A pinch of this, a dash of that: Kunal Vijayakar’s ode to salts with a twist
There’s pink sea salt and pink Himalayan, various shades of black and grey, a blue-white and a Persian blue. What’s your favourite sel?Updated: Jan 18, 2019 22:33 IST
Salt is salt is salt. We barely think about it. In recipes, it’s an ingredient that is usually dismissed with the phrase, “As per taste”. Why am I going on and on about salt? Because the history of salt goes as far back as 6,050 BC, and such was its importance even then that it was once used as currency.
Salt, symbolising purity, has been an indispensable part of religious ritual in many cultures too. The Bible alone has more than 30 references to sodium compound.
The influence and importance of salt in ancient times can also be recognised in the number of weighty words derived from it. Words like, salary, salut, salaam, salvation, even halo, hallelujah and assault all find their origins in the word. When Gandhi wanted to demonstrate that India had had enough, he launched his nonviolent civil disobedience with the Dandi March, a battle over a tax on salt.
The crystalline substance is the essential seasoning without which most of us would be unable to cook. Salt arouses one of the five basic taste sensations, along with sweetness, sourness, bitterness and savouriness. Its colossal importance is most evident in absentia — do you remember the last time you forgot to add salt to a dish?
Today, salt is no longer just that white powder in a shaker. Renowned chefs around the world are finding it ‘beneath their salt’ to use plain, simple idodised namak. They are clamouring for designer salts. Salt now comes in crystals, rocks and flakes in shades of pink, blue, grey and black; from the mountains and from lakes, from mines and also the desert.
A few years ago, a friend presented me with a packet of blush-pink salt. He said it was from Camargue in France, near the Mediterranean Sea. Camargue is famous for its pink flamingoes and this pink salt; my friend claims there’s a connection, but I don’t know. What I do know is that the most famous pink salt comes from the Himalayas, and at the moment it is all the rage.
Pink Himalayan Salt, according to those in the know, is one of the purest salts in the world. Its lovely, unsullied translucent crystals are rich in mineral content and flavour, and the salt’s origins can be traced back to ancient Himalayan seas that evaporated over 200 million years ago.
Besides using Pink Himalayan Salt in cooking, you can get a mortar and pestle made from Himalayan Pink Salt. Grinding herbs and masalas, crushing garlic, or making chutneys in it is a great way of having the flavour and texture of this salt leech into a dish, I’m told.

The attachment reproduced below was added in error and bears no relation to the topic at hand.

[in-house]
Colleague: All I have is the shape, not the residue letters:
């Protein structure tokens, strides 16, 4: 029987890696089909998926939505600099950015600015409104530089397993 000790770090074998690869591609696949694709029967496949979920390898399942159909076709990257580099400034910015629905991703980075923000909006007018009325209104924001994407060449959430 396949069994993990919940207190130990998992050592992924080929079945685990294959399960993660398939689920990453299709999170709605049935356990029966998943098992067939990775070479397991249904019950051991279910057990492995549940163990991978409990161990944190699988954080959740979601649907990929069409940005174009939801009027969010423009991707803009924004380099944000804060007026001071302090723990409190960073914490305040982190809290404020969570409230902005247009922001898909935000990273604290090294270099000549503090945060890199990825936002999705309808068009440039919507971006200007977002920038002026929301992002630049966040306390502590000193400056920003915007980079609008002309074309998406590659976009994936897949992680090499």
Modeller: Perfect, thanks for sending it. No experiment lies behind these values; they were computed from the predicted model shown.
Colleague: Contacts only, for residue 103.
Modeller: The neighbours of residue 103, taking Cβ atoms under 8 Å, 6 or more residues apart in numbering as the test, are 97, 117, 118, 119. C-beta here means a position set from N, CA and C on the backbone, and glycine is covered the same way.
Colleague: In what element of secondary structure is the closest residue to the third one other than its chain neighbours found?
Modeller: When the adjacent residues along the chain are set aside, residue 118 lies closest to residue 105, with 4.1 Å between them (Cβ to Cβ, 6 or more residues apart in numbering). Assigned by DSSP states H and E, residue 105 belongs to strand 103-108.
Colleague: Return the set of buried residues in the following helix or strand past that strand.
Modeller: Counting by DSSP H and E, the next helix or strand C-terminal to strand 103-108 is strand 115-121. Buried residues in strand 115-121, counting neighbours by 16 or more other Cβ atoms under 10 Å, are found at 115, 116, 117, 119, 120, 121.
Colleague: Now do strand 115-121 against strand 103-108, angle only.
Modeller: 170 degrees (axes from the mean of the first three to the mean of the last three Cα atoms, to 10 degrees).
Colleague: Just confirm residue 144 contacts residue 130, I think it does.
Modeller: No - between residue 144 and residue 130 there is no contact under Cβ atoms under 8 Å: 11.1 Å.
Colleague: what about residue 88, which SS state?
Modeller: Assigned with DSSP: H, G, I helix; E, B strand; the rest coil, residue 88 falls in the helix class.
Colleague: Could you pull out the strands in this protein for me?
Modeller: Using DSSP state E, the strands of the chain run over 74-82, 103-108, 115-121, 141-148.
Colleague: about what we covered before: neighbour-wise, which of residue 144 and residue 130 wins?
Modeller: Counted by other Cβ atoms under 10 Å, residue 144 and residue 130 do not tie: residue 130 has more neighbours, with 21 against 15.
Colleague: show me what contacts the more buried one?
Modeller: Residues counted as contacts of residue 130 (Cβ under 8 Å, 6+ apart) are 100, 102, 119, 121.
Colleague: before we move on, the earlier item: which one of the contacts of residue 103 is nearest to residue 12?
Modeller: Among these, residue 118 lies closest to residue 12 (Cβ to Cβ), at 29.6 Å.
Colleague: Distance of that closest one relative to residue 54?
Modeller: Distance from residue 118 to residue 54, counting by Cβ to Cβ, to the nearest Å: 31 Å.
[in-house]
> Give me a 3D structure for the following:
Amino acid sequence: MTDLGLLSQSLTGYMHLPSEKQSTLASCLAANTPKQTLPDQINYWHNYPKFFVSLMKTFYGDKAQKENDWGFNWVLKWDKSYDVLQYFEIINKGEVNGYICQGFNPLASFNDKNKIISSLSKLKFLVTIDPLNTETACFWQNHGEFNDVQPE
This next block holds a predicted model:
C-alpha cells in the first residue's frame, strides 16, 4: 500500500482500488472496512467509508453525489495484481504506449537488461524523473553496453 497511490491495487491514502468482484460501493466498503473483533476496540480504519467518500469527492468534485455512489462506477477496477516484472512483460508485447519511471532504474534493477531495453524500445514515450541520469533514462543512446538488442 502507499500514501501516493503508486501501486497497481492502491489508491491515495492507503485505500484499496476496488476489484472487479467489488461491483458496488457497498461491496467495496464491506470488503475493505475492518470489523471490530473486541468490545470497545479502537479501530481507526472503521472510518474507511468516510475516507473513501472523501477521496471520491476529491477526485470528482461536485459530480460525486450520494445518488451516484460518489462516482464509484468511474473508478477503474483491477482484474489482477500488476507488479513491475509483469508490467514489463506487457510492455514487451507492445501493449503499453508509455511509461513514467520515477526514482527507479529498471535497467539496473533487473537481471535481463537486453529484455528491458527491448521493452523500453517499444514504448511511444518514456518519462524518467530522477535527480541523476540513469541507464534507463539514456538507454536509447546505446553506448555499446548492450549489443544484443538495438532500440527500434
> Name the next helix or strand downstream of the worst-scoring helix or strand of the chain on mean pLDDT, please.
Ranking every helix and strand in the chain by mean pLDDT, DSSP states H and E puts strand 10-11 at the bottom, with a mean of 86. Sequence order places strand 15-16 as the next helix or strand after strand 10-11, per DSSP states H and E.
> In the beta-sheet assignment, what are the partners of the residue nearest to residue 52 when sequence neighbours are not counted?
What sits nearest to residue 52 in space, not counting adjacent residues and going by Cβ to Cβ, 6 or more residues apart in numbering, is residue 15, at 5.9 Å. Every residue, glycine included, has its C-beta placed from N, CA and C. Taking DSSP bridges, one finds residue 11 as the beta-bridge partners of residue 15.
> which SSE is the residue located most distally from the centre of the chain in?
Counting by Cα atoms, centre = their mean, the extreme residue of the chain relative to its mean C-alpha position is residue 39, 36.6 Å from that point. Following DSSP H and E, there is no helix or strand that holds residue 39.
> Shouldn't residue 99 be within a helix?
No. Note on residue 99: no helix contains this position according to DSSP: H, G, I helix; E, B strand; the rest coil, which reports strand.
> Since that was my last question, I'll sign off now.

The French, meanwhile, have gone batty over Guerande Grey Salt. It comes from Guerande, a coastal town in Brittany. The salt is a light grey and is harvested from shallow saltwater ponds, in the same way that the Celtics did centuries ago. Guerande Grey Salt is being used in roasts, soups and stocks all over Culinary Europe. They are using it to flavour the water used for cooking vegetables, rubbing it onto meat and potatoes before barbeque and using it on fish cooked in a salt crust.
Flower of Salt, or Fleur de Sel, is another popular kind and this pure white salt also comes from Guerande. It looks like delicate flakes of snow, in a pale shade of violet that makes the salt seem even whiter. Flower of Salt, they say, intensifies the taste of food by coaxing the finesh flavours out of a dish.
Then, from the Middle-East, there’s Persian Blue Salt, which comes from Persia the Ergourz mountain range in northern Iran. This blue salt was formed about a hundred million years ago and is one of the world’s rarest salts; only a few tonnes are extracted every year. It is rich in nutrients, has lemony notes and helps reduce the acidity of food. It’s great in Mediterranean salads, sauces and on raw vegetables, especially tomatoes.
From the island of Molokai in Hawaii comes the luscious Onyx Black Lava Salt, once harvested from volcanic areas but today made by infusing sea salt with activated charcoal. It’s a great finishing salt, with a strong smoky taste that makes it perfect for roasts, roasted vegetables, stir-fry dishes and for meat on the spit.
We have our own black salt in India, of course. We call it Kala Namak, though it actually starts off pink. The raw pink salt is mixed with spices, herbs, aamla, harad seeds and charcoal, heated to high temperatures and then cooled. The end result is an extremely pungent salt that actually smells of boiled eggs but is an excellent seasoning for chaats, chutneys, salads, raw fruit and raitas.
Suddenly, I find that salts are fascinating me. And these are just a few of the ones I’ve come across. There’s also Danish, Sicilian, and Australian Murray River Salt, Kosher, Smoked, and Pickling Salt, Namibian Salt Pearls and Jukyeom (Korean salt roasted in bamboo). Tell me your favourites. What’s the strangest salt you’ve ever heard of?
First Published: Jan 18, 2019 22:33 IST